The exception to that is NASA, which awarded Rocket Lab a contract in February for its Cislunar Autonomous Positioning System Technology Operations and Navigation Experiment (CAPSTONE) satellite. CAPSTONE will go to the Moon to test out the stability of the near-rectilinear halo orbit that NASA will use for the lunar Gateway. CAPSTONE will launch on an Electron, with a Photon sending CAPSTONE to the Moon. Once at the Moon, CAPSTONE will use its propulsion system to enter the halo orbit.
An image taken by Rocket Lab’s “First Light” Photon spacecraft after its launch last month. (credit: NASA)
“It would be rude not to”
There may be a second potential customer for Photon. In recent months, Beck has talked about using Photon to send a mission to Venus. That mission, privately funded, would look any life that some scientists have proposed might exist in the planet’s upper atmosphere, where conditions are far more hospitable than its surface.
“I love Venus,” he said in a company webcast in early August, citing that potential for life in its atmosphere. “I’m working very hard to put together a private mission to go to Venus in 2023.”
The concept, he said in the Photon press conference, would involve a spacecraft deploying a probe that would enter the atmosphere as it flies by the planet. A small mission like that could provide a “tremendous amount of scientific data” about the planet’s atmosphere, including any evidence of life there.
The mission would be done outside the framework of NASA or any other space agency, he said. “It puts a flag in the ground. A private mission to another planet sets a trajectory for where we need to go,” he said. “It’s a real turning point in space if private missions can occur.”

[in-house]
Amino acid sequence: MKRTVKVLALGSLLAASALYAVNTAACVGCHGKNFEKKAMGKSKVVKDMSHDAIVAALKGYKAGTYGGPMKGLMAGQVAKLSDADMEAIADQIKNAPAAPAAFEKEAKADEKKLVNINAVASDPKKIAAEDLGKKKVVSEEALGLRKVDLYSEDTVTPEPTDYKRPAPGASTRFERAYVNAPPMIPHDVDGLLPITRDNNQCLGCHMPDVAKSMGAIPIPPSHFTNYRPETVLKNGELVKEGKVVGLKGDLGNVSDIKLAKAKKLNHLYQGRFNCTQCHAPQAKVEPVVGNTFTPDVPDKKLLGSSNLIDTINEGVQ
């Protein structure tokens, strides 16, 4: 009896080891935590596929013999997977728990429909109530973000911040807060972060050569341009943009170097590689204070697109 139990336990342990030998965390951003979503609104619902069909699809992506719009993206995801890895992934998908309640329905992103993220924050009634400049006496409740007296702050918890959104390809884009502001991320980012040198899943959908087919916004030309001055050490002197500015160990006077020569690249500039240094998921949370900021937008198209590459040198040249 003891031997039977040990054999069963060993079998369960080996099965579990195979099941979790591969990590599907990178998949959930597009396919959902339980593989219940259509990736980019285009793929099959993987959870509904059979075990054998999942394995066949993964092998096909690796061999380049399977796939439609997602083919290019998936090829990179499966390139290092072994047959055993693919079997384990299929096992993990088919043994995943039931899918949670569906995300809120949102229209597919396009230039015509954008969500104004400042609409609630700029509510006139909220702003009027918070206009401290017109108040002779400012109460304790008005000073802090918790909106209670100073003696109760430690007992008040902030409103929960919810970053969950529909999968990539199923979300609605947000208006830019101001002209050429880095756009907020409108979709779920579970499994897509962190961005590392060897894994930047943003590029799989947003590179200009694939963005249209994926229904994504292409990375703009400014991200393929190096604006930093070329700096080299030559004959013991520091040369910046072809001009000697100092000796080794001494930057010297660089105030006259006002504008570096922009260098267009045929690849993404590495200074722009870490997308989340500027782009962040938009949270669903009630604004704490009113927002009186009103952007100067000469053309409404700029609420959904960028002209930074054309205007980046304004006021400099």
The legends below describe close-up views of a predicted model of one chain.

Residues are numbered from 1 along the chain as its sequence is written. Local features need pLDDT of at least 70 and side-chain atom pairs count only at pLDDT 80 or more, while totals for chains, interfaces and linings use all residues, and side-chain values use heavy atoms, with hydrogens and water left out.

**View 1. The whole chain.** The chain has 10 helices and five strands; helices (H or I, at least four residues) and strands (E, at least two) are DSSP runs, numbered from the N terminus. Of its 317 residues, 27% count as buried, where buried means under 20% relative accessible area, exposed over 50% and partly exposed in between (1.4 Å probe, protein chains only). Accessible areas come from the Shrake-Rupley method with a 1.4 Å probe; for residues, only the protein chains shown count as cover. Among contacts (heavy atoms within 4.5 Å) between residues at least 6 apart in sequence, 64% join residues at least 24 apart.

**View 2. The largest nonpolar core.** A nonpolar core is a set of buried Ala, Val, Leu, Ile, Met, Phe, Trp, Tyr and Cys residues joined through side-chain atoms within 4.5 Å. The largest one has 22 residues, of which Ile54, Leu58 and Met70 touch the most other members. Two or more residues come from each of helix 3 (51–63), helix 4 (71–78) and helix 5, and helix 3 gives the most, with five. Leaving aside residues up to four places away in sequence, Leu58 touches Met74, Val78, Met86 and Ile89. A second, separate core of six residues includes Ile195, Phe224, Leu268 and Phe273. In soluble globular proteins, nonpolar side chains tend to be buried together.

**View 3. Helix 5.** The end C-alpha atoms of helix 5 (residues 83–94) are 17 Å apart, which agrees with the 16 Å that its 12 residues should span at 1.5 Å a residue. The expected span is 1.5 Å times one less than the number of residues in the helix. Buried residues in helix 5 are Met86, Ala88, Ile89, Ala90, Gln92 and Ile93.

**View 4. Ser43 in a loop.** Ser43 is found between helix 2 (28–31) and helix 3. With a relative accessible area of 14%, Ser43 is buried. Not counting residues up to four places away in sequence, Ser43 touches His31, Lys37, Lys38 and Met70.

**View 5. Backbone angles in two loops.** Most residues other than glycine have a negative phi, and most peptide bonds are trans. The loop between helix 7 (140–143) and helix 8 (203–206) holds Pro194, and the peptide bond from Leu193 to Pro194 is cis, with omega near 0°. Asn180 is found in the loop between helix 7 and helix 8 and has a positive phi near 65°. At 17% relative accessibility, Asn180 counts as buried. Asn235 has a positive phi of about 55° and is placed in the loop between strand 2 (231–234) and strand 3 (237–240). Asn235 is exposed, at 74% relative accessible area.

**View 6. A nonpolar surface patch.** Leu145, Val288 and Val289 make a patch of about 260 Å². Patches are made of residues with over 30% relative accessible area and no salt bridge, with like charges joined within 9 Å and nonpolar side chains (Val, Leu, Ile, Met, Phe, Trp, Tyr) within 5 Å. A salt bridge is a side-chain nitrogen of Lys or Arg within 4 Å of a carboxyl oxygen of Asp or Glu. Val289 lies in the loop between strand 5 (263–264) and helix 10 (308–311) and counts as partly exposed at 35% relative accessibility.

Beck hasn’t disclosed how much such a mission would cost, and if the company would leverage other non-government funding sources to pay for it. “I’m spending as much time as I can on it,” he said in an interview last month. “We are very serious about this mission.” That includes assembling what he called “an amazing science team” to support it.
Those comments all came before the announcement September 14 that scientists using groundbased telescopes had detected traces of phosphine in the atmosphere of Venus. The only known explanation for the quantities of phosphine seen there, scientists involved in the discovery said, is that there is life, like anaerobic microbes found on Earth, creating it (see “Why the detection of phosphine in the clouds of Venus is a big deal”, The Space Review, September 21, 2020).
Among those involved in the phosphine discovery is Sara Seager, an MIT professor. In a Royal Astronomical Society press conference about the detection of phosphine, she said she had been in discussions with Beck about what a Photon mission to Venus could do. One challenge, she acknowledged, is the small size of the spacecraft: its mass would only be about 15 kilograms, of which 3 kilograms would be available for a science payload.
“We have to work hard to make sure an instrument that would be useful for the search for life will fit into that payload,” she said. “We’re really looking forward to it.”
One such instrument would be a mass spectrometer, she said, capable of detecting not just phosphine but other, more complex, molecules that could provide more definitive evidence of life in the atmosphere of Venus. There may other options as well, she added. “We have a long list of things we’d like.”